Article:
94. 69.
    E. Borgarello and E. Pelizzetti, Chim.Ind.(Milano), 65, 474 (1983).Google Scholar
  95. 70.
    N. Hedley and H. Tabachnick, “Chemistry of Cyanadation, Mineral Dressing Notes”, No. 23, American Cyanamid Co., December 1968.Google Scholar
  96. 71.
    M.I. Brittan, Am.Sci., 62, 402 (1974).Google Scholar
  97. 72.
    E.M. Wise, “Gold Recovery, Properties, and Applications”, Van Nostrand, Princeton, NJ, 1964.Google Scholar
  98. 73.
    Y. Kinata and C. Wolowodiuk, Plating Surf.Finish, 66, 50 (1979).Google Scholar
  99. 74.
    H.E. Christiansen and E.J. Fairchild (eds.), “Registry of Toxic Effects of Chemical Substances”, U.S. Department of Health, Education and Welfare, Rockville, MD, 20852, 1976 (HEW Publ.No. NIOSH 76–191).Google Scholar
  100. 75.
    F.A. Cotton and G. Wilkinson, “Advanced Inorganic Chemistry” 4th. edn., Wiley, New York, 1980, p.369.Google Scholar
  101. 76.
    S.N. Frank and A.J. Bard, J.Am.Chem.Soc., 99, 4667 (1977); 99, 303 (1977)CrossRefGoogle Scholar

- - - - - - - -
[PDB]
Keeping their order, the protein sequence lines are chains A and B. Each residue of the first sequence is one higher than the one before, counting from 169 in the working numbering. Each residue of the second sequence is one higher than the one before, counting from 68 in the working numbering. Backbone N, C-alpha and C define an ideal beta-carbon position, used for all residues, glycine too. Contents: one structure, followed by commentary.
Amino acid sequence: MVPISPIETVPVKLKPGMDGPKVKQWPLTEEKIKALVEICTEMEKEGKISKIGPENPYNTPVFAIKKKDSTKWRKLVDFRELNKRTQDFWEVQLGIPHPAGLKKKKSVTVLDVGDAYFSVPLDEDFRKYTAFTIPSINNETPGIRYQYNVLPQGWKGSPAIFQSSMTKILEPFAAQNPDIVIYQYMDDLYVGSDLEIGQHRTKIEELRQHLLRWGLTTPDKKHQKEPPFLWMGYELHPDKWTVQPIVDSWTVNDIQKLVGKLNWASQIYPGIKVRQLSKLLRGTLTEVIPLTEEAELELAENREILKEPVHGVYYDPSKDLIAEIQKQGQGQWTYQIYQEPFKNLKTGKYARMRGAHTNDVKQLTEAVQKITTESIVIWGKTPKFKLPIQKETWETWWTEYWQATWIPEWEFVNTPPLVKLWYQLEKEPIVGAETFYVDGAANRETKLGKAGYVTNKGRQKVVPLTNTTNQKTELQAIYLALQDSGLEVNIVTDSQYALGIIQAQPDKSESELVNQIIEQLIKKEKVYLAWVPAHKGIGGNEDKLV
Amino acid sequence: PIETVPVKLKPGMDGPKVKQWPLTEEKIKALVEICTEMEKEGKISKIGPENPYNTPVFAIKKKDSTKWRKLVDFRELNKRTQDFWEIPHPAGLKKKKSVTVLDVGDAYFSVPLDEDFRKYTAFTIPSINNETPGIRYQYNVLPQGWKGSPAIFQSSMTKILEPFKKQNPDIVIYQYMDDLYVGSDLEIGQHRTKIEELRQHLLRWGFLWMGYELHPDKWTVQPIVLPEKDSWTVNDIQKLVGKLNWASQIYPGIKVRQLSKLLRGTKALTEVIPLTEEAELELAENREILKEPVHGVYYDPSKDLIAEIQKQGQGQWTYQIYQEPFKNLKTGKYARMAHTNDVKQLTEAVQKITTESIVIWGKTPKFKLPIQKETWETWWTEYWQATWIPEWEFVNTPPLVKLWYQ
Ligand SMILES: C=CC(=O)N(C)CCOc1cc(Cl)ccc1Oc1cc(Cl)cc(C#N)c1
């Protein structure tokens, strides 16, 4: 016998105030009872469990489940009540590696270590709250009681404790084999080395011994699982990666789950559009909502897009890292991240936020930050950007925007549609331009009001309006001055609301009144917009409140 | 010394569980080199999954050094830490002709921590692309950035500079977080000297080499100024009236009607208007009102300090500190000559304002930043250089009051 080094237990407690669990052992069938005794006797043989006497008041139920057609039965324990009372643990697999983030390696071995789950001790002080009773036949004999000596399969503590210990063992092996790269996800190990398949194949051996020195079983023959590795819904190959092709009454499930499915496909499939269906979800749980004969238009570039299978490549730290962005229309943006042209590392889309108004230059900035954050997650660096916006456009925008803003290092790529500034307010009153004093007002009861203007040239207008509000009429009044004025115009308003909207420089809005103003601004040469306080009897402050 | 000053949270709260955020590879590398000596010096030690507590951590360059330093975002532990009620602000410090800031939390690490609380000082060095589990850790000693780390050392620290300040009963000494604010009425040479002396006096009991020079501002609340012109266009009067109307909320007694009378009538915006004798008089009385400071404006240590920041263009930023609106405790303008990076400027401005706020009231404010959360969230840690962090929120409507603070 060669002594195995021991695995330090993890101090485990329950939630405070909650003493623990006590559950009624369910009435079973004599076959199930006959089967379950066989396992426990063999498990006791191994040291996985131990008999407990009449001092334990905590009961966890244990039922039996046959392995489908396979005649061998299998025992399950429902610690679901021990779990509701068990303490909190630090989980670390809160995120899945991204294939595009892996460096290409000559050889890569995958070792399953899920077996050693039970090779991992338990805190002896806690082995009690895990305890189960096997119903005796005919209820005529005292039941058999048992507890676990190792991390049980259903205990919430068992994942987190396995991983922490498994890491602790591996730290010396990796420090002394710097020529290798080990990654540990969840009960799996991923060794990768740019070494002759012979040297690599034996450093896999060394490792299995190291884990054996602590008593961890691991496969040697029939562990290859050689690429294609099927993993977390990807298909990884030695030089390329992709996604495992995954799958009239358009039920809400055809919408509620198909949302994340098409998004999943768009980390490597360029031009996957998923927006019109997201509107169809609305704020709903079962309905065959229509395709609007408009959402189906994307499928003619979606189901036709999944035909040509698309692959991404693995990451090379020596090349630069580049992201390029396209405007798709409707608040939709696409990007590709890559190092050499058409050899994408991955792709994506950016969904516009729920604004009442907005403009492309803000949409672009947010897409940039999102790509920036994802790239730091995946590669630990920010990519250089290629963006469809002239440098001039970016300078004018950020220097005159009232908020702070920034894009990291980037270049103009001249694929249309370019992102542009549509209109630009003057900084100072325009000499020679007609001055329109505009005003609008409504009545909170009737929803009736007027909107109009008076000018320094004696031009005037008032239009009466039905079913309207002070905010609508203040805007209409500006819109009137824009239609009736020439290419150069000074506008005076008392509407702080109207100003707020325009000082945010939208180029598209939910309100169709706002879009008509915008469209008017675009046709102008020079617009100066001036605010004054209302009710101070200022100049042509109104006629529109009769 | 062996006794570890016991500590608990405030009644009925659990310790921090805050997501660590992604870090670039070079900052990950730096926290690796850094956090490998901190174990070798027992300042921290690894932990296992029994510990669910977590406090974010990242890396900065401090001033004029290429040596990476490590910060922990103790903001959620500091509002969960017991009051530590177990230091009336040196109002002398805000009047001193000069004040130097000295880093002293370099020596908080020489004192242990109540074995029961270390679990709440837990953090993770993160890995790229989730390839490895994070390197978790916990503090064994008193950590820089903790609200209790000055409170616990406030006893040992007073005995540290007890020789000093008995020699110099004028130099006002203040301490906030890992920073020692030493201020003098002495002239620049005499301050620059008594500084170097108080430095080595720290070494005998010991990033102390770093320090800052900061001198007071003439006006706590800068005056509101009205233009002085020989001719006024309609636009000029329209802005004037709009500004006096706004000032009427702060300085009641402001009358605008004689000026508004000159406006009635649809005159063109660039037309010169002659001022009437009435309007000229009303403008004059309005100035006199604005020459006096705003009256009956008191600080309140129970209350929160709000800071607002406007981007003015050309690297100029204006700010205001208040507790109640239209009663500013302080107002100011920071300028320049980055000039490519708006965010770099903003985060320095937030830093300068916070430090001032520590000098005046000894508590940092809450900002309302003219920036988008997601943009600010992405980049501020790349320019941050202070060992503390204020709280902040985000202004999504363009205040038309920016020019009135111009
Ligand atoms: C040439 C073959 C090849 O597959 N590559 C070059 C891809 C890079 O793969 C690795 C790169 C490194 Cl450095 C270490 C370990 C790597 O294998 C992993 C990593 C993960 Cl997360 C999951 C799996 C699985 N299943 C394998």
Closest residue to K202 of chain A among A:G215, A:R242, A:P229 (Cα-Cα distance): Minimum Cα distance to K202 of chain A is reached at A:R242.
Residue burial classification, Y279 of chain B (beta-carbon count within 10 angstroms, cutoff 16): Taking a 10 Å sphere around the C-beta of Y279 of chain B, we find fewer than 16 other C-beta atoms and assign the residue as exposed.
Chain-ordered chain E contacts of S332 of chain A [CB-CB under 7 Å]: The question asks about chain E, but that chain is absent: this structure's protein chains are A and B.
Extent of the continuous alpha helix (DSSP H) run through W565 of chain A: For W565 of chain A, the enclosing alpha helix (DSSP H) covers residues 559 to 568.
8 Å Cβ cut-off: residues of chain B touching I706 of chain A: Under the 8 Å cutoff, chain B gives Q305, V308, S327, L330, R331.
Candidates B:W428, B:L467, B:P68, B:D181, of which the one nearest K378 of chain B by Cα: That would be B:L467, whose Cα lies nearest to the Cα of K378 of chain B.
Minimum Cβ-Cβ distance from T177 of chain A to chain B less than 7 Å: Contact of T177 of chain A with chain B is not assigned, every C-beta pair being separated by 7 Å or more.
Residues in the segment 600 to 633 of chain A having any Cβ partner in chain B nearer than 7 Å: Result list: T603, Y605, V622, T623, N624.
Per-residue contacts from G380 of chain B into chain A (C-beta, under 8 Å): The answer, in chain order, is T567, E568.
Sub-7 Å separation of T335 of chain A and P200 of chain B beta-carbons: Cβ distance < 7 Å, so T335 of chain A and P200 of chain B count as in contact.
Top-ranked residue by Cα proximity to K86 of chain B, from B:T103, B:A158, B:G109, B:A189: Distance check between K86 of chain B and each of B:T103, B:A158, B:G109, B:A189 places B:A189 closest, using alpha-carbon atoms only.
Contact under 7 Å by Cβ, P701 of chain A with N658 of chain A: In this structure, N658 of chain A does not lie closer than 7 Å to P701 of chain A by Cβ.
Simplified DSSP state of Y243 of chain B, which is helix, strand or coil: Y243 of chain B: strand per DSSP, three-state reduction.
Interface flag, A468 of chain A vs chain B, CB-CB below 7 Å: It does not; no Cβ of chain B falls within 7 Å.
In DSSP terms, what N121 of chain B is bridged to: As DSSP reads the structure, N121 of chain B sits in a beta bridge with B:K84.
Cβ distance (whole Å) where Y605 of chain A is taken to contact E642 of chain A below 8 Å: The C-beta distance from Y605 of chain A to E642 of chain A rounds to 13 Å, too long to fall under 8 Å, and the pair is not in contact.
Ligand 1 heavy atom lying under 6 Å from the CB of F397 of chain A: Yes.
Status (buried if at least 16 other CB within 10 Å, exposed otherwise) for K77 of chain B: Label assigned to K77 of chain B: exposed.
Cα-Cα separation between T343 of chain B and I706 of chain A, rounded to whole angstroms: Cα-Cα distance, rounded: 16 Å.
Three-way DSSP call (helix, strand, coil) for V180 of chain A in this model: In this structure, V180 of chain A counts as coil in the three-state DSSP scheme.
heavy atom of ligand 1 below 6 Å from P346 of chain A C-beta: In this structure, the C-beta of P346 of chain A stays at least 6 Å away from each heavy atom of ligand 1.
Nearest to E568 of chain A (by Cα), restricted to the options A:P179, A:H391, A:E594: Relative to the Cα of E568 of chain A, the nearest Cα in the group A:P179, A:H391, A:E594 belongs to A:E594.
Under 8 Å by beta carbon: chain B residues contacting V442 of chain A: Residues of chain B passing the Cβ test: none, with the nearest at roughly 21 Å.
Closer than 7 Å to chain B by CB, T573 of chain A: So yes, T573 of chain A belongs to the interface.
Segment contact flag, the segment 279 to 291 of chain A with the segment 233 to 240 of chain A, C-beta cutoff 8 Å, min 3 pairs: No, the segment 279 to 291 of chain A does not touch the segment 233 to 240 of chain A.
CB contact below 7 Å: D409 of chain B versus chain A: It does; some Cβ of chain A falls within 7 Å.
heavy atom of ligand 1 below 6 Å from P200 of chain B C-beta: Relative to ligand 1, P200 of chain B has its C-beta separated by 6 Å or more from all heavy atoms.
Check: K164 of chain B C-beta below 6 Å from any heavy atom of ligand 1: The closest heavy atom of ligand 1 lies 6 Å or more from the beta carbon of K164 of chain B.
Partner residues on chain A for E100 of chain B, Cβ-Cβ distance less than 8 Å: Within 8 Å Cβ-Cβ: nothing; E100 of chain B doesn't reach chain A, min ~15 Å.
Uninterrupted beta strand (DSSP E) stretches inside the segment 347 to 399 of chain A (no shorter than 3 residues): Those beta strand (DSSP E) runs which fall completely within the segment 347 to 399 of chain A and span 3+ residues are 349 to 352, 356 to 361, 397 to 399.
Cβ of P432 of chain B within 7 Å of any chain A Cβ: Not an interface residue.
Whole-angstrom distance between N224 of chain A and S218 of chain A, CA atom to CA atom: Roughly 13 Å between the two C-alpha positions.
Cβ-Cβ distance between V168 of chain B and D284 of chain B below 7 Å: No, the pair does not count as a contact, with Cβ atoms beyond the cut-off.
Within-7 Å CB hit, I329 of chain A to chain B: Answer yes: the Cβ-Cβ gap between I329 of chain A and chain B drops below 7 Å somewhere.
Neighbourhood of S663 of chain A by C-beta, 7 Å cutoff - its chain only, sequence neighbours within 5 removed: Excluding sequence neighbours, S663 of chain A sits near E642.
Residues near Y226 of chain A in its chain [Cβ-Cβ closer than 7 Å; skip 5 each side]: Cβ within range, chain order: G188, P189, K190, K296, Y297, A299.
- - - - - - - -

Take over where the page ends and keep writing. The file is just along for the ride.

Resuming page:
102. S.N. Frank and A.J. Bard, J.Phys.Chem., 81, 1484 (1977).CrossRefGoogle Scholar
  103. 77.
    A.I. Vogel, “Macro and Semimicro Qualitative Inorganic Analysis”, 4th. edn., Longmans, London, 1954.Google Scholar
  104. 78.
    A.J. Bard, Ed., “Encyclopedia of Electrochemistry of the Elements”, vol.4, Dekker, New York, 1973, p.87.Google Scholar
  105. 79.
    Handbook of Chemistry & Physics, 51st. edn., The Chemical Rubber Co., Cleveland, OH, 1971–1972.Google Scholar
  106. 80.
    G.D. Parfitt, Progr.Surf.Membr.Sci., 11, 181 (1967)CrossRefGoogle Scholar
  107. A.P. Boehm and M.Z. Hermann, Z.Anorg.Allg.Chem., 352, 156 (1967).CrossRefGoogle Scholar
  108. 81.
    A.J. Bard, Ed., “Encyclopedia of Electrochemistry of the Elements”, vol. 9, Dekker, New York, 1982, p.l.Google Scholar
  109. 82.
    W.M. Latimer, “Oxidation Potentials”, 2nd.edn., Prentice-Hall Inc., Englewood, NJ., 1952, p.181.Google Scholar

Copyright information

© Springer Science+Business Media Dordrecht 1988

Authors and Affiliations

  • Nick Serpone
    • 1
  • Enrico Borgarello
    • 2
  • Ezio Pelizzetti
    • 3
  1. 1.Department of ChemistryConcordia UniversityMontrealCanada
  2. 2.EniRicercheSan Donato MilaneseItaly
  3. 3.Dipartimento di Chimica AnaliticaUniversita di TorinoTorinoItaly

Personalised recommendations